South Bay Surf History

The History of Surfing in the South Bay

The Definitive History of Surfing in the South Bay
Curated by: Mark Cole
with assistance from:
Special Thanks to Matt Warshaw’s Encyclopedia of Surfing


The History of Surfing in not only the South Bay but for the entire Continental United States began in 1907 when Henry Huntington brought George Freeth to Venice Beach and then to Redondo Beach and paid him to demonstrate the art of surfing to those visiting the new Redondo Beach Plunge. Born in Honolulu, HI, Freeth was also an early lifeguard who pioneered several lifesaving techniques and was commended for saving the lives of seven Japanese fishermen off Venice Beach. Unfortunately Freeth lost his life at the young age of 35 during the global Influenza pandemic of 1919.


John Heath “Doc” Ball was born and raised in Redlands, CA, but moved to Hermosa Beach in 1917 and began to perfect his photography techniques. He opened his Dentistry practice in 1934 and was one of the founders of the Palos Verdes Surf Club. Ball never drank or smoked, and was one of surfing’s first healthy lifestyle advocates. He published the all time classic “California Surfriders” book featuring 150 of his most iconic photographs.


Leroy Grannis, known as the godfather of surf photography, was born and raised in Hermosa Beach. After serving as a supply pilot in WW2, Grannis returned to the South Bay and perfected his water photography techniques. Some of his early images were featured in the 1946 book California Surfriders, by Doc Ball. Grannis quit shooting professionally in 1971 and was quoted saying “I didn’t like the way the magazines were going. They were making heroes out of druggies and guys with big mouths, so I bailed out.”


Dale Velzy was born in 1927 in Hermosa Beach. He began surfing in 1936 and after serving in WW2 he began shaping surfboards in Manhattan Beach. He set up what was then the first “Surf Shop” — and was an early pioneer in the transition from wooden surfboards to far lighter designs using foam, fiberglass and resin. Velzy was the undisputed “King of Surf Retail” during the 50s with a skilled team of shapers helping with production and the best sponsored riders using the new and improved equipment. Velzy also pioneered an interesting form of accounting that has been used by many a surf shop or brand over the years and in 1959 his shops were shut down by the IRS.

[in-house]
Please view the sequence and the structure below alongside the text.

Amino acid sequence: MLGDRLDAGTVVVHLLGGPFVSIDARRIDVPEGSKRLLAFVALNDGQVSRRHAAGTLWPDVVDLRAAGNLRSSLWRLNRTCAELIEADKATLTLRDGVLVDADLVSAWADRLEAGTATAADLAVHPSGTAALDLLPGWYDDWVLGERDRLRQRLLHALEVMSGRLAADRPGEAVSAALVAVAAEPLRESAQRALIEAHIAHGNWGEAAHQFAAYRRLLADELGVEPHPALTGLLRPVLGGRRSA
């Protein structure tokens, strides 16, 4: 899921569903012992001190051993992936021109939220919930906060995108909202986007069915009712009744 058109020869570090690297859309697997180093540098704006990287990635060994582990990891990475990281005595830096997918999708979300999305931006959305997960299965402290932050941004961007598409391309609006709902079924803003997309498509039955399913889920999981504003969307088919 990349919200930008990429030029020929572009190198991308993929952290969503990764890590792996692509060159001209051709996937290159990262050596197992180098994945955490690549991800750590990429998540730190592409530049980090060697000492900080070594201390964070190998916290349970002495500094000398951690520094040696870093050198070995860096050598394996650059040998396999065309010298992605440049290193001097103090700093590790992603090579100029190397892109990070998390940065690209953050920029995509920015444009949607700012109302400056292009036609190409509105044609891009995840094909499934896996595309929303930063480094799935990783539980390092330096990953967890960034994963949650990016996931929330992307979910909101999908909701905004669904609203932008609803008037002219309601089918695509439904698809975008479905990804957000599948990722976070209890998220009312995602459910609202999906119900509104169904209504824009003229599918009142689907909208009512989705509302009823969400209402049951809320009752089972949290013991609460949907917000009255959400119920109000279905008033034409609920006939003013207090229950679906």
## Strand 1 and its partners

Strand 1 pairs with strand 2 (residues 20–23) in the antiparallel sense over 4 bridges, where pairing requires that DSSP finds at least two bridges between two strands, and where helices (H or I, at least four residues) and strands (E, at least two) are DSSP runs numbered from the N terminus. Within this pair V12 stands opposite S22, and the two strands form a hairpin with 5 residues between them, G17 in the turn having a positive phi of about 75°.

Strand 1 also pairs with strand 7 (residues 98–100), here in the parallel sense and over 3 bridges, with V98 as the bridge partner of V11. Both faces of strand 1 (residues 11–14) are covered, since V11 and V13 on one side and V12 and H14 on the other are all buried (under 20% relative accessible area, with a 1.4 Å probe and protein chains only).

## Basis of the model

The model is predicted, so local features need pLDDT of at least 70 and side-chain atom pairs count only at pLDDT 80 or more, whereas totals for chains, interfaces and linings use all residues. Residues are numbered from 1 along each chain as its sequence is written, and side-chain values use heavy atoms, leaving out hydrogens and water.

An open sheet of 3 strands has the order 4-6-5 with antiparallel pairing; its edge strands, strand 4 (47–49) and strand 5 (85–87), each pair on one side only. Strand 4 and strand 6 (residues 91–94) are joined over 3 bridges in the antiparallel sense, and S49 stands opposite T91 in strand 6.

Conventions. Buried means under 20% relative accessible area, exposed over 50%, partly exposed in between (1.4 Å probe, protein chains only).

Bing Copeland was born in 1936 in Torrance, CA. He learned to shape surfboards from Dale Velzy. After serving in the US Coast Guard during WWII, he joined Rick Stoner for a six-month surf cruise across the pacific. After returning home to the South Bay he opened his shop in Hermosa Beach in 1959 and went on to become one of the most popular shapers of the 1960s decade.

Dewey Weber was born in Denver, CO in 1938 and moved with his family to Manhattan Beach in 1943. Known for founding the “hotdogging” style of surfing – he was untouchable in the late 50s. He opened his own shop in Venice in 1960s and became the second most popular brand following Hobie Surfboards. The statue at the Community Center in Hermosa Beach is based on a Leroy Grannis photo of one of Weber’s powerful cutbacks.

In 1954 Dale Velzy partnered with Hap Jacobs and opened the Velzy-Jacobs surf shop in Venice Beach. Jacobs moved with his family from Los Angeles to Hermosa Beach in 1938. He was a founding partner in Dive ‘n’ Surf along with Bev Morgan and the Meistrell Brothers. He was widely regarded as surfing’s finest craftsman, and his shop was called the “Notre Dame Cathedral” of surf shops.

Greg Noll moved with his family from San Diego to Manhattan Beach. Noll grew up surfing in the South Bay where he refined both his board shaping skills working under Dale Velzy and his big wave technique at Lunada Bay in Palos Verdes. Noll moved to Hawaii in 1954 where he earned his “Da Bull” nickname for his iconic style. Many believe he rode the biggest wave of all time during the infamous 1969 El Nino winter at Makaha.

Twin brothers Bill and Bob Meistrell, born in Missouri in 1928, moved to Manhattan Beach in 1944. The brothers joined with Bev Morgan as partners in Dive ‘n’ Surf, one of the first Dive/Marine/Surf shops. The brothers were tinkering with various methods to stay warm while surfing cold winter swells. They discovered a material used to help insulate refrigerators, “neoprene” — thus inventing the first practical wetsuit. They called the suit the “Body Glove” and soon after in 1965, the world renowned watersports brand was born.



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